As the credit crisis shutters factories, offices, high streets and building sites, financial regulators and company boards are in the front line of criticism. But what about the institutional investors who sit one link up the accountability chain?
Many who had a ringside seat cheering on over- leveraged banks are also coming in for harsh scrutiny for the role they played in exacerbating the bubble and neglecting long-term risks for the sake of short-term gains. As a result, 2009 has seen a chastened investor community pressing companies to be more transparent, flushing out dud board members and tightening up on wayward pay practices. Investors are starting to act as if they have a responsibility to keep companies honest, and are demanding accountability from boards and managers as a means of ensuring that their businesses will be around for longer than the next dividend payment cycle.
A new role for shareholders
While the current crisis has shone a spotlight on the role of investors, in fact a growing number of pension funds and asset managers have, over the last decade, been cultivating an approach to investment that combines an explicit focus on strong governance and sustainable practices with a willingness to use their leverage as capital providers to push for more responsible behavior. This philosophy of “shareholder engagement” requires businesses to recognize the inherent tension between short-term profit and long-term commercial sustainability – and to opt for the latter. “Soft” issues like employee welfare, responsible marketing practices (think sub-prime), sound community relations and environmental management, say these investors, are critical to success in a fast-changing, media-savvy world. (See Dealing with the damage.)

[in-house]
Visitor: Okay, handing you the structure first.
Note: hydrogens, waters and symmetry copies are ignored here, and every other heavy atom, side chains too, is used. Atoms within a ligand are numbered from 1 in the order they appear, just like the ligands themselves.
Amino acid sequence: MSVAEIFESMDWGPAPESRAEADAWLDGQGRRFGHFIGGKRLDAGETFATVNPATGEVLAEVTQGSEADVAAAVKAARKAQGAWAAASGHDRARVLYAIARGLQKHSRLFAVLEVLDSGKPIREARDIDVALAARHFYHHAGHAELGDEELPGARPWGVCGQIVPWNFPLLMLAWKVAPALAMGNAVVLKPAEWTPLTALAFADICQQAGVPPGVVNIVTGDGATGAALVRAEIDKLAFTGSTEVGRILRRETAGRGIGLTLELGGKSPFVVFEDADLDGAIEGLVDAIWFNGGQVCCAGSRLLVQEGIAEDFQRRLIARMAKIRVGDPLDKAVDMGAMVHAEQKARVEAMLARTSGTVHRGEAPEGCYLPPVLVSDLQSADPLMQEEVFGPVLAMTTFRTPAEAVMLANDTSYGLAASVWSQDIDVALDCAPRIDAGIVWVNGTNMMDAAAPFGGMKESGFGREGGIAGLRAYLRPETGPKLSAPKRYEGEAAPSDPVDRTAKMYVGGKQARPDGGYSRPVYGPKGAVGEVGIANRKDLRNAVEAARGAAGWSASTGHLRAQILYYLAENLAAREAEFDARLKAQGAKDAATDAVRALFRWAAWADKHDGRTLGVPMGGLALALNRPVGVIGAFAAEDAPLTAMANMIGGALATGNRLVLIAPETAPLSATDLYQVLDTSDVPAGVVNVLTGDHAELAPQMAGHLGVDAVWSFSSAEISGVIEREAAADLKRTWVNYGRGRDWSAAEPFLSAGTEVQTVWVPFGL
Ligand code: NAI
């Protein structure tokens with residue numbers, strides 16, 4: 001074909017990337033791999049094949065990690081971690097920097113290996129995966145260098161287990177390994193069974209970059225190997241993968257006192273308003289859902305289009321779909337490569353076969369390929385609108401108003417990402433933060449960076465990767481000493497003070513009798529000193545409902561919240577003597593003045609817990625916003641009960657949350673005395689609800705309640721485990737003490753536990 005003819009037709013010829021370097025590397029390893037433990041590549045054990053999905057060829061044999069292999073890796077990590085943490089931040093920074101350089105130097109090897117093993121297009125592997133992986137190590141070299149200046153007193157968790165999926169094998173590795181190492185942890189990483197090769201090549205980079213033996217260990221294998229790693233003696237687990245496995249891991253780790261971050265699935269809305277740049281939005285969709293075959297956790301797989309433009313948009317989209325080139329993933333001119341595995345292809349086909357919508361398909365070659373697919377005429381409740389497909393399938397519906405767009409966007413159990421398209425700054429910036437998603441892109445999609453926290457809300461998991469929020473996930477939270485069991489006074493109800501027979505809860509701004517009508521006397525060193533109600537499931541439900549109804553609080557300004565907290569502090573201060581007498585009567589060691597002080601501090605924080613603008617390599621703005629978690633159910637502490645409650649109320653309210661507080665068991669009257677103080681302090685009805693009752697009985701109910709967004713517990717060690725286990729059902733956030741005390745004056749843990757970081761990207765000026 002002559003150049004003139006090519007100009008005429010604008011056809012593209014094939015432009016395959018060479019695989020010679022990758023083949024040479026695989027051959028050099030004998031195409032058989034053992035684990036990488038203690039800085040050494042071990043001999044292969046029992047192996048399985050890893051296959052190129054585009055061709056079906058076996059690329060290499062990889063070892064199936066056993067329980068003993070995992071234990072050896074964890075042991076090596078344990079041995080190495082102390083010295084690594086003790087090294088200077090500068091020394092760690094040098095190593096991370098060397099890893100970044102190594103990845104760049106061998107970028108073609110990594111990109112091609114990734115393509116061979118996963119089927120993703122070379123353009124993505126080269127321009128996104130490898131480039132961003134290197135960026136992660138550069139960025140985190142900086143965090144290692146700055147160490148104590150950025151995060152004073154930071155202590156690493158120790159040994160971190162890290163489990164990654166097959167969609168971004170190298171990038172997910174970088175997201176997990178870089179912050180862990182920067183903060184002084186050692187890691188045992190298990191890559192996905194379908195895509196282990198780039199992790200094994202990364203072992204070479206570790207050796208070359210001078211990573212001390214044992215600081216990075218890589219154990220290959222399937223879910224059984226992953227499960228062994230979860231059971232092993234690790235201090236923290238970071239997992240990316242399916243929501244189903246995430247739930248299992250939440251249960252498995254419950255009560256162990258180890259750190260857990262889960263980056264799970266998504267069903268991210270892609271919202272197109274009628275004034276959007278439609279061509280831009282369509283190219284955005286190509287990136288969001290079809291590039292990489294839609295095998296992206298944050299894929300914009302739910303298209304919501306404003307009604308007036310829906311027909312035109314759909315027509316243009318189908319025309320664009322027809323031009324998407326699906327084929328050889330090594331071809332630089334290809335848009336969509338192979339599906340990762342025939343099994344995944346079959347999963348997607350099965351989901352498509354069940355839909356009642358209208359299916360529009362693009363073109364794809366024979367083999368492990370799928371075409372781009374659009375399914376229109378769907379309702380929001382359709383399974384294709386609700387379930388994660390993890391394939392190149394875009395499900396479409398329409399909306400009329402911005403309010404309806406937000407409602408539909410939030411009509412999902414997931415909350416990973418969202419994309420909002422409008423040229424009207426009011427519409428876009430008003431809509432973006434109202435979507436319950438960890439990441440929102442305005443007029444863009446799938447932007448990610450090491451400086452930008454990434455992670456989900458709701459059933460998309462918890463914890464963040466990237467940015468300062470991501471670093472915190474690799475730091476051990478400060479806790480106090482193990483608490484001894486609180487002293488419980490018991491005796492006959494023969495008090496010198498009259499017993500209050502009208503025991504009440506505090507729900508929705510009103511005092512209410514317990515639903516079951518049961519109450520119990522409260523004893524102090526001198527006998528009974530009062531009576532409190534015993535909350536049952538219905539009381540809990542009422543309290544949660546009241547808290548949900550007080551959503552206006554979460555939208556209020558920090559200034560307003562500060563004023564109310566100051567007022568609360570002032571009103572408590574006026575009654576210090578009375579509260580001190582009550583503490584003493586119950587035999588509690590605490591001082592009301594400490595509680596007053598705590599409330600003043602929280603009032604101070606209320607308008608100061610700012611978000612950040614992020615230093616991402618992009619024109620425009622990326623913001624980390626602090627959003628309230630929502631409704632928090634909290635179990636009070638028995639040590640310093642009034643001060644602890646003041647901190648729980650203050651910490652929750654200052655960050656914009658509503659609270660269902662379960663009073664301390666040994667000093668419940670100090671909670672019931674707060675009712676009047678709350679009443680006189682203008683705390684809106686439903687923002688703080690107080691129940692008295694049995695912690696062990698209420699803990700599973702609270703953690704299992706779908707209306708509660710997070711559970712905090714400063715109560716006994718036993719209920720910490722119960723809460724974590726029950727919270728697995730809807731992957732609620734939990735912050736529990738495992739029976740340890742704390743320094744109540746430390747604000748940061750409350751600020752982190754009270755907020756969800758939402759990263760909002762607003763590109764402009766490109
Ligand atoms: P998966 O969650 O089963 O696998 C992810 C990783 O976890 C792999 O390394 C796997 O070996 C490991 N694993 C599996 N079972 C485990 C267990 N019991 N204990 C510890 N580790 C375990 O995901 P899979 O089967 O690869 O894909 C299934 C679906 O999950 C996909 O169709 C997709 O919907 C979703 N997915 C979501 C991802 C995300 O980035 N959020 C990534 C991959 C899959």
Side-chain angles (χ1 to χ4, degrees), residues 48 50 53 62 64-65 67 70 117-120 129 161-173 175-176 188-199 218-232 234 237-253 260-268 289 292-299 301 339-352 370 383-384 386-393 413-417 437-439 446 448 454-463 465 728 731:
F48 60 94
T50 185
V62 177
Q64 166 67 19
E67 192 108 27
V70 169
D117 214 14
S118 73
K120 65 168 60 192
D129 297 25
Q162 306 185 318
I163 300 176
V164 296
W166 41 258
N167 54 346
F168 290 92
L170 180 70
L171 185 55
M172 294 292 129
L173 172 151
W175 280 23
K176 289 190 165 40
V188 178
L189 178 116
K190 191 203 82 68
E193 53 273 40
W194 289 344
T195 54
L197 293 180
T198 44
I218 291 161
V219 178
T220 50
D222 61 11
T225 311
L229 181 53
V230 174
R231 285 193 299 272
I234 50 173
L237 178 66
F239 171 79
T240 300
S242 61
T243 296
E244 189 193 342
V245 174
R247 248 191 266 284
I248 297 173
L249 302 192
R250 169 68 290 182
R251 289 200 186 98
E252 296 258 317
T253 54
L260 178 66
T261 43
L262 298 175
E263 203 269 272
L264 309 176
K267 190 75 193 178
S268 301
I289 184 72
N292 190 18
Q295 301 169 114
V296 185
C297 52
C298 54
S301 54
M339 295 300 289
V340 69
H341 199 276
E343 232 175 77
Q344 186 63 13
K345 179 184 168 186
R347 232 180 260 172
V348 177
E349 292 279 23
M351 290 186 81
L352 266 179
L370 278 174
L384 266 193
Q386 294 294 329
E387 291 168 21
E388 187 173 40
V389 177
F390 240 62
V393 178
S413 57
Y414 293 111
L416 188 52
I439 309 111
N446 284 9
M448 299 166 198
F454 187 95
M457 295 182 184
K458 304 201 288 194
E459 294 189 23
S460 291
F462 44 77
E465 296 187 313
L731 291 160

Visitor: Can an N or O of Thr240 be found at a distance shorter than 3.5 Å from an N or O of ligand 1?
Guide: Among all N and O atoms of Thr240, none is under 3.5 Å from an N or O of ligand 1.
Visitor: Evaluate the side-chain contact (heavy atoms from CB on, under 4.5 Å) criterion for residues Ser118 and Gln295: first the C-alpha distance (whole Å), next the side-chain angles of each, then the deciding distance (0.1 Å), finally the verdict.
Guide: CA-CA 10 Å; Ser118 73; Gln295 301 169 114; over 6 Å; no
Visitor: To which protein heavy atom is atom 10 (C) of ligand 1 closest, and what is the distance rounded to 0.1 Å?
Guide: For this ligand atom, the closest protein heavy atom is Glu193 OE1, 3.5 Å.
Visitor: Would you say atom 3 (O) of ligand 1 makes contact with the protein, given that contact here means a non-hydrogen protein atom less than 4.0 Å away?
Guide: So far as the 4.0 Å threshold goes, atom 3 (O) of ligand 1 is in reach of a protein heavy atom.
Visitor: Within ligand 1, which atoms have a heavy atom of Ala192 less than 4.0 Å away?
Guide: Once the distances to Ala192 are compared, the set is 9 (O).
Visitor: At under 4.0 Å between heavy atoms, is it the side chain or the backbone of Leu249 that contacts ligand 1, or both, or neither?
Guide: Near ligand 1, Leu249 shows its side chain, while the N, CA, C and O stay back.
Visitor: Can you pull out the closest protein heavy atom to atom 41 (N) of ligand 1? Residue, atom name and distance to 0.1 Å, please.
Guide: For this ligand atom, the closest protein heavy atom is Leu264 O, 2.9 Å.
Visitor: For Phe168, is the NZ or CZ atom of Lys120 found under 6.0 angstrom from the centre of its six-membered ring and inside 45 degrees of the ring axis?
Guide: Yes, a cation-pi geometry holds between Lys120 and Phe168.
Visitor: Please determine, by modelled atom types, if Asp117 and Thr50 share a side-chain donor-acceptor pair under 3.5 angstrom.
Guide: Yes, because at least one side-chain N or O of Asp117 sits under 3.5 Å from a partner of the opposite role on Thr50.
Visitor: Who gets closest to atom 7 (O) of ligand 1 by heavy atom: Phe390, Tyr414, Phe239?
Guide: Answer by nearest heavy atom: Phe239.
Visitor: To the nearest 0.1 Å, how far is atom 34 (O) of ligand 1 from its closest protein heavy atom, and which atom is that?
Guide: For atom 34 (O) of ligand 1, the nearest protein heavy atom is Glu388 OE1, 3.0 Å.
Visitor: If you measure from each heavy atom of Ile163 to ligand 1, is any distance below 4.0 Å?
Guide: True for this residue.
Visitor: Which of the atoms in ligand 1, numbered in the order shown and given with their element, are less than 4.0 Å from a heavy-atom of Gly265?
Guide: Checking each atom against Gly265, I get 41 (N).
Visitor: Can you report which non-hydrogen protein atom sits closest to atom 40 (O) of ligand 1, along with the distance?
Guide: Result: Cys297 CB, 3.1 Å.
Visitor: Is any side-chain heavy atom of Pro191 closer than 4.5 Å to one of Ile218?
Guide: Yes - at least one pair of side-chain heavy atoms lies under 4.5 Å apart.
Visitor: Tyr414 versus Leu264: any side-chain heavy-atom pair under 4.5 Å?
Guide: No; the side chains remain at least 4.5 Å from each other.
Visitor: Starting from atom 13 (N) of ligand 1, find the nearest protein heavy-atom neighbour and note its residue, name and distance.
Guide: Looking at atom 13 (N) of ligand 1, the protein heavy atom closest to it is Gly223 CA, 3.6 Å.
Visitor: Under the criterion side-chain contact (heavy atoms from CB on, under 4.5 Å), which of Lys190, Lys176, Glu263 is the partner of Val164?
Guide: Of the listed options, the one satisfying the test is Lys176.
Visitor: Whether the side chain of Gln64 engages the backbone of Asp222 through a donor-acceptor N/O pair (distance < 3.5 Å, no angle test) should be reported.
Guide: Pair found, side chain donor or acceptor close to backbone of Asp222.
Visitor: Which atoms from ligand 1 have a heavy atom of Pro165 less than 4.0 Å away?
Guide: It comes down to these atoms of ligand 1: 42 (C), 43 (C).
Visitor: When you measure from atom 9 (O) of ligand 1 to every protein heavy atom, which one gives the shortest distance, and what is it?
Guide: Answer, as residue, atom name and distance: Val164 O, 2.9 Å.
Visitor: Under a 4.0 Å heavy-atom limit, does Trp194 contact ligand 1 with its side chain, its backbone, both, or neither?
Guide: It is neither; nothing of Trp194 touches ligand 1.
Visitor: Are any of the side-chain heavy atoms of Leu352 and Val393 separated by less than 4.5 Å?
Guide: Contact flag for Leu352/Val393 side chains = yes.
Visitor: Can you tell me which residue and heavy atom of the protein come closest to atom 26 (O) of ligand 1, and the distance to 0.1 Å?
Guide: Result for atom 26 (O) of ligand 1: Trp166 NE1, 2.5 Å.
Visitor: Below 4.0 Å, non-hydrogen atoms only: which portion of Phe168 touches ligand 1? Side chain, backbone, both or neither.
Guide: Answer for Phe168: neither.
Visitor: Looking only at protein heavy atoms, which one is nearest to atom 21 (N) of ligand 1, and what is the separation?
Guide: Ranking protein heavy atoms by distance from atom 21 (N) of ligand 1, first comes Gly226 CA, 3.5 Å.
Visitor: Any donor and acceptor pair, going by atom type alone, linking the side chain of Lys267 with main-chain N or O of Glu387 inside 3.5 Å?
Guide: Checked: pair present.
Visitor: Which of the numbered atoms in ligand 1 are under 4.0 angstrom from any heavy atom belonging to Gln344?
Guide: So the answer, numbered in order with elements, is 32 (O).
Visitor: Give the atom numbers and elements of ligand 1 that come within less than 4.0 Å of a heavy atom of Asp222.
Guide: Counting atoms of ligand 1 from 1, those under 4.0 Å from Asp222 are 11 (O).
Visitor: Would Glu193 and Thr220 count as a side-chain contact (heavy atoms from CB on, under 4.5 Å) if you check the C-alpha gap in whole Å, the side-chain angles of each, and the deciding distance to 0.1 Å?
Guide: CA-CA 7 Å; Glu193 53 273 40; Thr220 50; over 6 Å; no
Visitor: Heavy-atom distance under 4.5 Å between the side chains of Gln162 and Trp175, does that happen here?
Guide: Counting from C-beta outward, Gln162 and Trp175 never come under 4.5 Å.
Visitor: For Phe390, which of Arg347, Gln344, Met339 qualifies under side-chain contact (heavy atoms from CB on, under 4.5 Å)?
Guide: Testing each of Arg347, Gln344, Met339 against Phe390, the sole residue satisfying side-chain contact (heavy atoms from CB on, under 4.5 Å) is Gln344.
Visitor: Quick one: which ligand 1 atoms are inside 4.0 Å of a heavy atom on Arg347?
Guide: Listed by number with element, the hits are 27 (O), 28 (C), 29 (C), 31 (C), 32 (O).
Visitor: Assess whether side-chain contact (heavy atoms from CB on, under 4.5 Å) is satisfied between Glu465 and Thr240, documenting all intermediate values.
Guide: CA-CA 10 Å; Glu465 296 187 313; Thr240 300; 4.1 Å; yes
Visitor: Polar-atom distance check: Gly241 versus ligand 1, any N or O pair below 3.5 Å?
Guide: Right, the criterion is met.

This trend in favor of active ownership has superimposed itself on another, much older phenomenon – that of ethical investment, which has its roots in the 1830s in the United Kingdom and United States, and saw churches and other religiously-inspired investors avoid certain types of investment, usually alcohol, tobacco and armaments. From its origins in ethical investment, responsible and sustainable investment now encompasses more than 500 investment institutions with some $15 trillion of pension, insurance and savings funds that have endorsed the United Nations Principles for Responsible Investment (www.unpri.org).
New challenges for investor relations…
So what does this mean for companies? For a start, it means rather more than producing a good sustainability or corporate responsibility report – important though that is. Investors are looking for evidence that a company’s strategy, governance structure and risk management systems are articulated around the specific aspects of sustainable development that are material to its business. This, in turn, means that what starts out as high-level policy in a board agenda paper has not only been translated into effective policies and systems, but is also reflected in the culture and values of the organization, and is “lived” day to day by the board and executive management who set the “tone at the top”.